Silicon (MEMS) condenser microphones
Fig. 1: Silicon wafer with MEMS condenser microphones

Silicon microphones are made on silicon wafers with the methods of micromachining. They are often referred to as “MEMS” microphones, derived from the term “Micro Electro Mechanical System”. The fabrication methods are borrowed from microelectronics and consist of lithography-, doping-, deposition- and etching processes. A large number of microphones with very reproducible properties can be produced on a single wafer, as Fig. 1 shows.

Fig. 2: Schematic design of a single-chip MEMS condenser microphone

While several microphone types, such as piezoelectric or FET-modulating transducers, may be implemented in silicon [1], the most successful variety is the capacitive silicon microphone. This consists of a membrane separated by an air gap from a rigid back electrode. If the system is polarized with a small dc-bias, excitation of membrane vibrations by a sound wave generates an electric output signal proportional to the sound pressure.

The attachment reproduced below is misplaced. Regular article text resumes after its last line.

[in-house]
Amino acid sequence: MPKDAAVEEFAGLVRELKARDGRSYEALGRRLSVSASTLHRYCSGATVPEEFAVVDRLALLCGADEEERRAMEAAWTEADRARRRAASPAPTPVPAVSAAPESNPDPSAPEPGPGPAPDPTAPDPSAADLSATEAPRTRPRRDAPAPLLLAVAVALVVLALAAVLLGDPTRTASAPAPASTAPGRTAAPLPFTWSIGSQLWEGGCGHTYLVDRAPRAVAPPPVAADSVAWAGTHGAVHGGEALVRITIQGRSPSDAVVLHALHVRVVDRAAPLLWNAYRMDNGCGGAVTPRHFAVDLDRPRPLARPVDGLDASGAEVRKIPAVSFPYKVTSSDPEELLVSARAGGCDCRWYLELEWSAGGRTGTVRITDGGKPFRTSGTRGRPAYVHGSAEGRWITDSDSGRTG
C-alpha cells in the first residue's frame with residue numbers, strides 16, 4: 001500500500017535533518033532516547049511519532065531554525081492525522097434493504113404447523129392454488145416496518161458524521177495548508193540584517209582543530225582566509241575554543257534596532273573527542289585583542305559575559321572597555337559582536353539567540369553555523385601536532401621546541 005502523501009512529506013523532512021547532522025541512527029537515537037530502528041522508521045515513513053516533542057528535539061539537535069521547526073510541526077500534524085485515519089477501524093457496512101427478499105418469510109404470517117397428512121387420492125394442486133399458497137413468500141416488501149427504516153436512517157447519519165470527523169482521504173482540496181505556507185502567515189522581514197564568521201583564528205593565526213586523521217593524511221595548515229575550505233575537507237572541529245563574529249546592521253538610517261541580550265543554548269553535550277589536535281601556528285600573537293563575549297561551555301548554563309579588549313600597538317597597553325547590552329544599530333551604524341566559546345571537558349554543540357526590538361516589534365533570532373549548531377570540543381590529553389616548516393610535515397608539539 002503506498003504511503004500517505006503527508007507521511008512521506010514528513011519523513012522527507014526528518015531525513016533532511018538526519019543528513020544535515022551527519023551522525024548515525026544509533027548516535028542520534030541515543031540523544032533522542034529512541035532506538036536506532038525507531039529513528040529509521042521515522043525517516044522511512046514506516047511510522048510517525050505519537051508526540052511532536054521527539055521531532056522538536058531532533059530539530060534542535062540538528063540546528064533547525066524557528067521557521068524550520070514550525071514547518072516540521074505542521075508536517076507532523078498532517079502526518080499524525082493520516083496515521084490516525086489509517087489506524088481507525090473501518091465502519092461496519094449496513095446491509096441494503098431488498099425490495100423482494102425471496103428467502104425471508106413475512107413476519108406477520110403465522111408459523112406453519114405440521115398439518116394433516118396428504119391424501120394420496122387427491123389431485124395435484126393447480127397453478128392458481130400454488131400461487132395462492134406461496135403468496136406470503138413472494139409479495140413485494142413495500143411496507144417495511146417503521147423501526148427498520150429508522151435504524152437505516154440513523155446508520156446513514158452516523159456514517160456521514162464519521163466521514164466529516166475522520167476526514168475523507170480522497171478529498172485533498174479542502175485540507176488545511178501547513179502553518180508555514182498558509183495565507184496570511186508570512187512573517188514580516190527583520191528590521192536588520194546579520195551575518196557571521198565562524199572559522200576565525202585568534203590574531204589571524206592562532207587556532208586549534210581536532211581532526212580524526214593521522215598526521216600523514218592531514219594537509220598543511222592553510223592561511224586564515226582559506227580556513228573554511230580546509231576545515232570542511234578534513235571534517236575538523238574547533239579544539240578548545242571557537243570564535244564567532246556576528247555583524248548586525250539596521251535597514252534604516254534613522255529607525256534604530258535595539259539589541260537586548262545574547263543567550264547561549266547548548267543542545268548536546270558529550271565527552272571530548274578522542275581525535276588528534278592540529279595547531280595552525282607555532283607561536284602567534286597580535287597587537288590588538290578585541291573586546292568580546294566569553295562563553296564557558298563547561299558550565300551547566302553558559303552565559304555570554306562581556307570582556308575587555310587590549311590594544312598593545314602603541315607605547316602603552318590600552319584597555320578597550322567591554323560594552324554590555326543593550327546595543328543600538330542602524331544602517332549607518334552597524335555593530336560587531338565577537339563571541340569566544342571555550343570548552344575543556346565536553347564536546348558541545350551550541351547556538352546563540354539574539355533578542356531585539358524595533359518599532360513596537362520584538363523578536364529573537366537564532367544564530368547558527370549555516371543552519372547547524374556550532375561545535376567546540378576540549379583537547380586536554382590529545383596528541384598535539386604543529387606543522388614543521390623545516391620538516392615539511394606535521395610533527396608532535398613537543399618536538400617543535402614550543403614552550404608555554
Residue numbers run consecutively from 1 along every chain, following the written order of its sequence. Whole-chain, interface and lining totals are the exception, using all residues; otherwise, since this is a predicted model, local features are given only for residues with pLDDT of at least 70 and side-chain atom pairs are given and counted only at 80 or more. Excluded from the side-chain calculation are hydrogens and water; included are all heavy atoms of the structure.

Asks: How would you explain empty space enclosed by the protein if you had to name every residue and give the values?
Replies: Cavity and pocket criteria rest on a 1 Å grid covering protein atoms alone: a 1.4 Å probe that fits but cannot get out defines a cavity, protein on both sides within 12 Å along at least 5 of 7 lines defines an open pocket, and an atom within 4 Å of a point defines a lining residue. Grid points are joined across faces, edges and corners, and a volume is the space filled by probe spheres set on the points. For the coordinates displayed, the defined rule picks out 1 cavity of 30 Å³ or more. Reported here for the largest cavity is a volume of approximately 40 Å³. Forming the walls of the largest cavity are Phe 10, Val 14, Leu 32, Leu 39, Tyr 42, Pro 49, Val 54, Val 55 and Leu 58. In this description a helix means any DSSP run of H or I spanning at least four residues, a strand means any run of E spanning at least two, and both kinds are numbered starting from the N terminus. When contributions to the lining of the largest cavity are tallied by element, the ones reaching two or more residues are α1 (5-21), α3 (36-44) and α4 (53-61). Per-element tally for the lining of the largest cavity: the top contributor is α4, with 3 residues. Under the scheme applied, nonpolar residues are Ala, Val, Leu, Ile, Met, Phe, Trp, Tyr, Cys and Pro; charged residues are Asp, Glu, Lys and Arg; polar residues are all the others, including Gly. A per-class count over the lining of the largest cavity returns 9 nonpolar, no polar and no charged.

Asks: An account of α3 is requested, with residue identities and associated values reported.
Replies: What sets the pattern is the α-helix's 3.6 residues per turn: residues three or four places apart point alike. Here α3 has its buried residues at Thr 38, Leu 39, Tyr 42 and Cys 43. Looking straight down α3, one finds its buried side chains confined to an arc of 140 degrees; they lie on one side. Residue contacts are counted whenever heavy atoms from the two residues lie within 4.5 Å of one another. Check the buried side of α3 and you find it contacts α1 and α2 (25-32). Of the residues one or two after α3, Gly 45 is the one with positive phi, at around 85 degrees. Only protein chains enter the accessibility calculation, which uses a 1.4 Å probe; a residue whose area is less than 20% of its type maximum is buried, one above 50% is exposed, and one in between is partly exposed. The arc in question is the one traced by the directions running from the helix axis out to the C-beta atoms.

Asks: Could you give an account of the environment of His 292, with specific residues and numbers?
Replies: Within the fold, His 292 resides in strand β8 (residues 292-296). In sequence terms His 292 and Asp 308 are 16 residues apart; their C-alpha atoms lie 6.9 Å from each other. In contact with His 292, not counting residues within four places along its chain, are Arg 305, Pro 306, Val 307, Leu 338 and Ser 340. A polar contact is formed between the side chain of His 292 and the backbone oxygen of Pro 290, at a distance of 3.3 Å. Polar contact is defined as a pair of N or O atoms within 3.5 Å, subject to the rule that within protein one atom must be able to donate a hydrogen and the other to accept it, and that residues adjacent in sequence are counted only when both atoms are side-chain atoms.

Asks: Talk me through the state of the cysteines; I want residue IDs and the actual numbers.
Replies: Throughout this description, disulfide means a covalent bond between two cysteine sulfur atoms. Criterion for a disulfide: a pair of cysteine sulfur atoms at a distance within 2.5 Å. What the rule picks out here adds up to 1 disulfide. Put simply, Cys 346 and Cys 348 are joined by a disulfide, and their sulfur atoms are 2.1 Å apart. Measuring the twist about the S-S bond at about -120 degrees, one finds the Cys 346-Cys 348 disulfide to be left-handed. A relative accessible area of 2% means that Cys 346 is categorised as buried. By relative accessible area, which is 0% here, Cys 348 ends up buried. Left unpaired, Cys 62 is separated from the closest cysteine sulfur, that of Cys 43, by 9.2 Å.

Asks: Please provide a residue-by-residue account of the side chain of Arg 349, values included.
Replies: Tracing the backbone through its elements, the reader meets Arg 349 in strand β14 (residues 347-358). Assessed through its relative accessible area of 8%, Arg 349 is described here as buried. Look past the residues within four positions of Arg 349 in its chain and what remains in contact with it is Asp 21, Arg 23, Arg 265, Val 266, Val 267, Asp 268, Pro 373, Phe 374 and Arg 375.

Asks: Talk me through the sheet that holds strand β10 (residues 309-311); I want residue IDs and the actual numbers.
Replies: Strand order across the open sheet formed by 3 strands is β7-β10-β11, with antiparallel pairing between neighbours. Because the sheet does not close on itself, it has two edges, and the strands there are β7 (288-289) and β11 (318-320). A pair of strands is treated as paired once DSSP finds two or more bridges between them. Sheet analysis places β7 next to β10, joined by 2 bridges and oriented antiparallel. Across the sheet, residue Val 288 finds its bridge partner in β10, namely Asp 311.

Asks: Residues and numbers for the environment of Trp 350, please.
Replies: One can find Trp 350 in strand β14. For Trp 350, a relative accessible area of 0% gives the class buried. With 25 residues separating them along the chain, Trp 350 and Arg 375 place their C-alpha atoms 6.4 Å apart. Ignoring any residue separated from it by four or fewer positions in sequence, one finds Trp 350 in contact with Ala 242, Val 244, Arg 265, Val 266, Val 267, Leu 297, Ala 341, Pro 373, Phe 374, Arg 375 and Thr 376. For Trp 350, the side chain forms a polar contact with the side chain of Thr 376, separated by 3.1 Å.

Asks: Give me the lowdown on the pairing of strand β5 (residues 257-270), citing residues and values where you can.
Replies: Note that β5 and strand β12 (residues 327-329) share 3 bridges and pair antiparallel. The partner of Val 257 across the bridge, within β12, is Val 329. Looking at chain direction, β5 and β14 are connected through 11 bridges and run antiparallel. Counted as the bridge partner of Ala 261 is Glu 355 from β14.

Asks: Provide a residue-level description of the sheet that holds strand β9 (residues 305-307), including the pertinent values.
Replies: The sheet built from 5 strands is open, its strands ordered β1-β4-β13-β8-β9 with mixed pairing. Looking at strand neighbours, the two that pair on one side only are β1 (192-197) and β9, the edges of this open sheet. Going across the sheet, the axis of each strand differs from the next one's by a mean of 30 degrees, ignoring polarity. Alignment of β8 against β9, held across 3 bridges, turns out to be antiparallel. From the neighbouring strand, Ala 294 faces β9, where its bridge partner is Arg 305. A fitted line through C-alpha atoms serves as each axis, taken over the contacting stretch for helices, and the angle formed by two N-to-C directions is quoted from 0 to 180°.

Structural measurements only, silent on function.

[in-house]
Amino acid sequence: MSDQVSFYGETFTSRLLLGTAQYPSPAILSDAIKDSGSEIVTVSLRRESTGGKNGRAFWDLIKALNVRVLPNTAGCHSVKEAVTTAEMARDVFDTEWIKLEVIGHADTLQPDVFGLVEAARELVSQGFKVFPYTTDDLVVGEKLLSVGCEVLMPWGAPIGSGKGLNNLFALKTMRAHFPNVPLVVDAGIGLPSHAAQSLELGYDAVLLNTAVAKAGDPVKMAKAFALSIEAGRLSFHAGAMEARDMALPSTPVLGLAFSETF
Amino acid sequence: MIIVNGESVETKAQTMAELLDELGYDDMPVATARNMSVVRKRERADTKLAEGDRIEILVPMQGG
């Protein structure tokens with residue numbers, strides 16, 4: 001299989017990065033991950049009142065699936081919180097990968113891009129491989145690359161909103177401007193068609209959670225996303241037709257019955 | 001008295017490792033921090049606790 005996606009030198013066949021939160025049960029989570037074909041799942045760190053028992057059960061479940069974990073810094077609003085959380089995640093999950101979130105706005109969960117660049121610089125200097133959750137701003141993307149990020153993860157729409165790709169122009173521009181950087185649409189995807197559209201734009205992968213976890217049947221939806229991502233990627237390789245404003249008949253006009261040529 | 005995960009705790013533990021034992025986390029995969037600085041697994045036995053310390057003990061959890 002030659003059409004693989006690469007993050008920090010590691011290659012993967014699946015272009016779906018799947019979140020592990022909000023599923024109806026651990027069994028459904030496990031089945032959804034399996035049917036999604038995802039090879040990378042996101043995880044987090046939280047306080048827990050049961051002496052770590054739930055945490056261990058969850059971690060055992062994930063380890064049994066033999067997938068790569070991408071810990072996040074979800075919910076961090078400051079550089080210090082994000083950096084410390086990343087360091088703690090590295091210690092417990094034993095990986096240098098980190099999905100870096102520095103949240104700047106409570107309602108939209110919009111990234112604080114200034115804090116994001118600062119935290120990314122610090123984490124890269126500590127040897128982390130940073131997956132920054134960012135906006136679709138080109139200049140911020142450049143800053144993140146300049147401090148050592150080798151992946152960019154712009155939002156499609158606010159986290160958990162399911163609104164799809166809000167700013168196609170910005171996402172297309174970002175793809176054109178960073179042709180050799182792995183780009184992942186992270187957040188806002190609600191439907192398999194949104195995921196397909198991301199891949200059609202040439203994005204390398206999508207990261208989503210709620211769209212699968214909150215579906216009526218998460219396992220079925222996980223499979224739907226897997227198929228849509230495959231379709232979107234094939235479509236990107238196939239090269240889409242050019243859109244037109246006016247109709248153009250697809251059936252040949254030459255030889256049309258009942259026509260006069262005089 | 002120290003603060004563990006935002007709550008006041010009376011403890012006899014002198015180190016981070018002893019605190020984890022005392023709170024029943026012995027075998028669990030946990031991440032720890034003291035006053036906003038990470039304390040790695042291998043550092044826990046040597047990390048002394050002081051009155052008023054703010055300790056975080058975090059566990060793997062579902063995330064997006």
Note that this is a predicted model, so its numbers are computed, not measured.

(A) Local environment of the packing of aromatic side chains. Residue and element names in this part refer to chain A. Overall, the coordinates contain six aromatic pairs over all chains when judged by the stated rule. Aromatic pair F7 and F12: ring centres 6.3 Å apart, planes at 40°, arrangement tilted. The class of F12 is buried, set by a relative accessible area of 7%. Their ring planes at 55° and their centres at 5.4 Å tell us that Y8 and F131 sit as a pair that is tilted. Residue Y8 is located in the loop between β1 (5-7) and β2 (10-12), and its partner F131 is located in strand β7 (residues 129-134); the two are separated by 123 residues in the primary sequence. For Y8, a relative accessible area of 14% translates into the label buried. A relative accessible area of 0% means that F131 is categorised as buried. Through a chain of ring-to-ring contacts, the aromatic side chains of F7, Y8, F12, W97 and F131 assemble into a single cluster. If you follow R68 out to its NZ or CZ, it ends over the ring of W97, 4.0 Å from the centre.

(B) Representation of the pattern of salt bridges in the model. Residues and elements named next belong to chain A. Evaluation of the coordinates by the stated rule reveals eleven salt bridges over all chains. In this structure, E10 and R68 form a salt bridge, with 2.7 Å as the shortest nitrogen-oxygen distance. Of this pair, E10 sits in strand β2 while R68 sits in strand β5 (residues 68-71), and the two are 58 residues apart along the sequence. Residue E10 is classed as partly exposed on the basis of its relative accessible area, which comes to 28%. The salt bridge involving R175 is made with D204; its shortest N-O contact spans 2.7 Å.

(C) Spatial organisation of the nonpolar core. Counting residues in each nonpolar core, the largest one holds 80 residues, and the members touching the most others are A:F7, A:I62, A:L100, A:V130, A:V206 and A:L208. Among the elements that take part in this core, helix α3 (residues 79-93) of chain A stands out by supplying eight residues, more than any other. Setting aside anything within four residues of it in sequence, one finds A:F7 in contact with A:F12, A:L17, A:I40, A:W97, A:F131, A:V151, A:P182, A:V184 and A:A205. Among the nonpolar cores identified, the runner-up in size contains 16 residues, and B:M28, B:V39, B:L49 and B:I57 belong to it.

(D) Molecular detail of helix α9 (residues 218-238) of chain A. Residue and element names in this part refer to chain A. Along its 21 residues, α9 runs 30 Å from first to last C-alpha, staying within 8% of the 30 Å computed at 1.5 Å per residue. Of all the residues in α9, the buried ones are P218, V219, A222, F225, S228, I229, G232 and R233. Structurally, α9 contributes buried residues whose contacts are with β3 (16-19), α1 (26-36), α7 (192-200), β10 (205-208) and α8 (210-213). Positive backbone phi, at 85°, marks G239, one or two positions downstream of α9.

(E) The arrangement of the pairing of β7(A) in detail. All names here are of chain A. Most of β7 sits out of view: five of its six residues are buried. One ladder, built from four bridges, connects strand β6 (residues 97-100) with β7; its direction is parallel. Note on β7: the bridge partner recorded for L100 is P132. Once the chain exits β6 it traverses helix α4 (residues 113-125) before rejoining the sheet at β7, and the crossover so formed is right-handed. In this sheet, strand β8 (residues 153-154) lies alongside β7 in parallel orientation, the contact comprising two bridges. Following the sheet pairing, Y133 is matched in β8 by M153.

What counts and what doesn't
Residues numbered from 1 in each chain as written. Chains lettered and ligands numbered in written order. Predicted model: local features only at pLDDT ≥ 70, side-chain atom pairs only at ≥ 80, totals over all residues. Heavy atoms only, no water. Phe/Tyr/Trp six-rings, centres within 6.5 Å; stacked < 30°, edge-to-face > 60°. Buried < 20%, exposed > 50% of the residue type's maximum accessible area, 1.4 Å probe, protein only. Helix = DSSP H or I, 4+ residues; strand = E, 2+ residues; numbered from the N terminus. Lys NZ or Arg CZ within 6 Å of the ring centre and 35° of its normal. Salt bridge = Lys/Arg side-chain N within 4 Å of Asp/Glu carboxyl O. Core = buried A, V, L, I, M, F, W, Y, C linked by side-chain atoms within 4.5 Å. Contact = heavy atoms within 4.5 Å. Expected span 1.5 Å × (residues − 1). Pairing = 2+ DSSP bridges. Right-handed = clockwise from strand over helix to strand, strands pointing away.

Such silicon condenser microphones were first proposed in 1983 [2] and implemented as two-chip sensors, consisting of a membrane chip and a backplate chip, in 1985 [3]. They were later made as single-chip microphones, using a sacrificial-layer technology where the air gap is obtained by removing an oxide layer originally deposited between membrane and back plate, by an etching process [2,4]. A typical single-chip microphone is shown in Fig. 2 [5].

Typical silicon microphones have membrane areas of about 1 mm2, membrane thicknesses of 0.2 to 0.4 µm, resonance frequencies in the near ultrasonic range and sensitivities of approximately 10 mV/Pa. They are furthermore shock resistant, insensitive to vibration, and may be operated permanently at temperatures up to 100°C and, for short periods of time, up to 260°C [6,7]. Thus, they can be produced as SMD devices for printed circuit boards. Silicon microphones have been commercially produced since 2002 and are being used primarily in smartphones where often two to four units are being employed for improvement of the S/N ratio but also for directivity gains. They are being produced in numbers of several billion annually.


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